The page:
A felony is the most serious level of criminal offense in California. Those who are convicted of felonies can be sentenced to serve time in a California state prison facility. A person can be convicted of a felony and be placed on formal probation for a specific period time. The judge can impose up to a year in jail as a condition of the felony grant of probation.
A felony conviction carries significant consequences, including the loss of voting rights, and having a felony conviction on one’s record may preclude people from being considered for many jobs and housing opportunities.
Misdemeanors on the other hand are defined as crimes that are punishable by up to one year in county jail. Many people convicted of misdemeanor level offenses are placed on informal probation and may have to serve some time in jail as a condition of probation. Misdemeanors can also carry collateral consequences and will remain on a person’s record unless and until the conviction is expunged.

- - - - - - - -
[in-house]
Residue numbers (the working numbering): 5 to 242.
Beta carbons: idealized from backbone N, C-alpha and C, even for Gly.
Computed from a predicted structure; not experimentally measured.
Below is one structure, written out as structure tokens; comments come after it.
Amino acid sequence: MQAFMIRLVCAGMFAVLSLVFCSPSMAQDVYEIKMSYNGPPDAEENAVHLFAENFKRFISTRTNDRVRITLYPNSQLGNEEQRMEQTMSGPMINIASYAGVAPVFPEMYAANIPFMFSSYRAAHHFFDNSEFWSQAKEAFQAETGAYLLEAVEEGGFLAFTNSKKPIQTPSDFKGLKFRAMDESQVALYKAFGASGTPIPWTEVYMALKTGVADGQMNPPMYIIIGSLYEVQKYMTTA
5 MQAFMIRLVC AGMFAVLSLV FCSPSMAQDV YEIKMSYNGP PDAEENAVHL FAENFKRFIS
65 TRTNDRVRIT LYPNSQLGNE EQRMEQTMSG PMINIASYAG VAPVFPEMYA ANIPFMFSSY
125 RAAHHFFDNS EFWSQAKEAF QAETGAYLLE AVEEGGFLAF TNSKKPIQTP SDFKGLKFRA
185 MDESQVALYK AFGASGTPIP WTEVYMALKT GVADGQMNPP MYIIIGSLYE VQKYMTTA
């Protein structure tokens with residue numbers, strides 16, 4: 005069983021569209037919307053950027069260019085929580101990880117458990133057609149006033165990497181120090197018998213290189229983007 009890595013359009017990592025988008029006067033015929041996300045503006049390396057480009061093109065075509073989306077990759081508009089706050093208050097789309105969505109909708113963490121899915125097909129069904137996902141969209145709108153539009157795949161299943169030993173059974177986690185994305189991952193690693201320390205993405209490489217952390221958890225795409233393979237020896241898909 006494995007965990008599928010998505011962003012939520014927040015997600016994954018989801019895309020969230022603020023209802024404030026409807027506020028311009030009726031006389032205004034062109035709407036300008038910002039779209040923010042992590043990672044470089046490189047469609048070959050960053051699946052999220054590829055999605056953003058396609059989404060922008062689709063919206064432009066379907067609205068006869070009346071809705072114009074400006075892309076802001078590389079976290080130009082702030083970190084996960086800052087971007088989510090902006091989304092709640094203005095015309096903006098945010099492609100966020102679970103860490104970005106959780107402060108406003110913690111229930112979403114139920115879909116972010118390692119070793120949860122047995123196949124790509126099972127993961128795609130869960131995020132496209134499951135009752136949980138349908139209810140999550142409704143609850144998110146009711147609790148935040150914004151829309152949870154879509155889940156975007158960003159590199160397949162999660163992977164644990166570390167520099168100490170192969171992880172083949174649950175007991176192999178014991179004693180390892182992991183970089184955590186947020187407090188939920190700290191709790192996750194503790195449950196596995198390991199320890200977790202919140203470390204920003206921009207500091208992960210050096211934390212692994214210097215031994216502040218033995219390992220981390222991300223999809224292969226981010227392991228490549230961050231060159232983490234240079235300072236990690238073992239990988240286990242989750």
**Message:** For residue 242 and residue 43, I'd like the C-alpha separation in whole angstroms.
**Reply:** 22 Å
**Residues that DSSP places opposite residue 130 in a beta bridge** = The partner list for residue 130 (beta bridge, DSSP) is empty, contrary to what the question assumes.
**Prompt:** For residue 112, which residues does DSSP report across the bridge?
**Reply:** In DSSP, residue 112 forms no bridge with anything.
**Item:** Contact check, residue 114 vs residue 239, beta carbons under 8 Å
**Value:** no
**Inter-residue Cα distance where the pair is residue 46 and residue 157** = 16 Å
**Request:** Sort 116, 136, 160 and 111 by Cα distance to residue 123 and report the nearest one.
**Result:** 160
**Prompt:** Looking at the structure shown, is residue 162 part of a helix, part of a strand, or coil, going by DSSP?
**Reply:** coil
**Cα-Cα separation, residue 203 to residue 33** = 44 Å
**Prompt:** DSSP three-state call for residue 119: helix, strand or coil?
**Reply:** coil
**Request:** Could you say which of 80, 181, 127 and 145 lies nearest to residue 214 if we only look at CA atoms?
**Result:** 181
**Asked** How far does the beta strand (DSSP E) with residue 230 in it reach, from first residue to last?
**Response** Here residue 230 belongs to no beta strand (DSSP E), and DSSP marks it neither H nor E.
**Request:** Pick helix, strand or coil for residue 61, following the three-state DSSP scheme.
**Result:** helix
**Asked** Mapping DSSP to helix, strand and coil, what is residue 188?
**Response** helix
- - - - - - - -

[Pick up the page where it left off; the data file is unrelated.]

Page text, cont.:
Certain felonies are considered “wobblers,” which can be charged as either felonies or misdemeanors. Prosecutors will consider the facts of the case and the defendant’s criminal record when determining what level of criminal charges to file. In some cases, the judge may reduce a felony to a misdemeanor under California Penal Code Section 17(b) PC when the offense is a wobbler.
In many domestic violence cases, the defendant will be arrested on suspicion of corporal injury to a spouse in violation of California Penal Code Section 273.5 PC, which is a wobbler offense. Prior to the defendant’s arraignment date, the detective assigned to the case and the filing Deputy District Attorney will review the case and decide what level of charges to file. Typically, a prosecutor will file felony charges when there are injuries or where the defendant has a history of domestic violence offenses on his or her criminal record. Punishments are often increased when the victim suffers serious bodily injury as a result of the defendant’s conduct.